Sunday, November 30, 2008
The celebration of Christmas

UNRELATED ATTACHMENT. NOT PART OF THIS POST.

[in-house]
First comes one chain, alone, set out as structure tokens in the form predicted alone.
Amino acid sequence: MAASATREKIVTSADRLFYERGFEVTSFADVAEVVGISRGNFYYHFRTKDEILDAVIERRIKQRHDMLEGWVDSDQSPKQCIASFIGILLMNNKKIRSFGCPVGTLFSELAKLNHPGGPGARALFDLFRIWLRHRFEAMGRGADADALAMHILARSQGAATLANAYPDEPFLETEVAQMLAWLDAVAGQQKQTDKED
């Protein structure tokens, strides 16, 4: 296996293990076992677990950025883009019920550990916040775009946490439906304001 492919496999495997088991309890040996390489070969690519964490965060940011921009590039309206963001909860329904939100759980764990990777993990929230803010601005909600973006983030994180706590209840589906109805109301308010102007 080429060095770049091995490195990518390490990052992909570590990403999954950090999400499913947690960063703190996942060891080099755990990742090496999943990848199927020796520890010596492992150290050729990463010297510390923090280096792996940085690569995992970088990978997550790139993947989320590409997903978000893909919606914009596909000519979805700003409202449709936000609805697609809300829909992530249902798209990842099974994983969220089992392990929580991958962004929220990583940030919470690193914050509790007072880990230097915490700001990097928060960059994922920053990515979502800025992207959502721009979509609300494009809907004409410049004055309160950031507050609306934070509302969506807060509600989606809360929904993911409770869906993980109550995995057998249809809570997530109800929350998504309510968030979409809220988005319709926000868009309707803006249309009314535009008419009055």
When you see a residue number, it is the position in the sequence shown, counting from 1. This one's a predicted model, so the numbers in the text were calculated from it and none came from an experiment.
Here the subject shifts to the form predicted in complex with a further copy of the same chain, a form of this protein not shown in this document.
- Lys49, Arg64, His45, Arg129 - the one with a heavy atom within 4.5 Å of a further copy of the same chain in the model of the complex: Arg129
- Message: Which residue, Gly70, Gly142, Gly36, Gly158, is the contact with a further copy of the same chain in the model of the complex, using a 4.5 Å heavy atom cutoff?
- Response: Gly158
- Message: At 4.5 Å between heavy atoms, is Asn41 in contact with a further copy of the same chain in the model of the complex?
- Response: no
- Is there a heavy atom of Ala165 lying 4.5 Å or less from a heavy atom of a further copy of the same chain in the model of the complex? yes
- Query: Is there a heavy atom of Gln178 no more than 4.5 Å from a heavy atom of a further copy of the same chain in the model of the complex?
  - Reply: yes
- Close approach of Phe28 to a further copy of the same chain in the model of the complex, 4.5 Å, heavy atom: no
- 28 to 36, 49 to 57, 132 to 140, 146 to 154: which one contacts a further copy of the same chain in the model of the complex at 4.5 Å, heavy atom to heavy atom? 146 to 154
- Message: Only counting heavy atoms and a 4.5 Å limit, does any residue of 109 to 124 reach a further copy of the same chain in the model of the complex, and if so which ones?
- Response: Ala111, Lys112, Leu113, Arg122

The Babylonians (1750- 529 BC) celebrated renewal of the year and the same festivities were later adopted by the Persians (529BC - 637AD). Eventually this merged into ancient Roman culture. Called the Festival of Saturn one of the themes, thought to have started by the Persians, was to temporarily subvert social order during festivals. Subsequently masters and slaves exchanged places and the same practice was commonly seen throughout the Middle Ages during other festivals such as The Festival of Fools. In the Royal household of Queen Victoria this custom was observed throughout Christmas Day. The 25th December was used by pagans to honour the harvest god, Saturn and Mithras, the god of light. Pagans prepared special food, decorated their homes with greenery, and joined in singing and gift giving. After Christianity became the official religion of the Roman Empire, the celebrations and customs became part of the Christian way. Christian Christmas Day has been celebrated on since 336AD. At the beginning of Christianity days of celebration out numbered the days in the year and it was only after the Reformation the holy calander was formulated and many of the original Holy days were lost. The most important of these retained was Christmas Day and was first thought to be celebrated by King Arthur in the city of York in AD 521. By the twelfth century Christmas had become the most important religious festival in Europe. Although merriment and religious devotion were not associated in the early church, ultimately they were incorporated due to political pressures. The obsolete feasts of antiquity were gradually adapted to the main events of the life of Christ. This was probably done to attract more followers. Most of the nativity scenes were painted in the 15 & 16th centuries and Christmas cards depicting them becoming popular only in the 18th and 19th centuries. Mithras worship took place in churches called grottos and may have given origin to Santa's Grotto.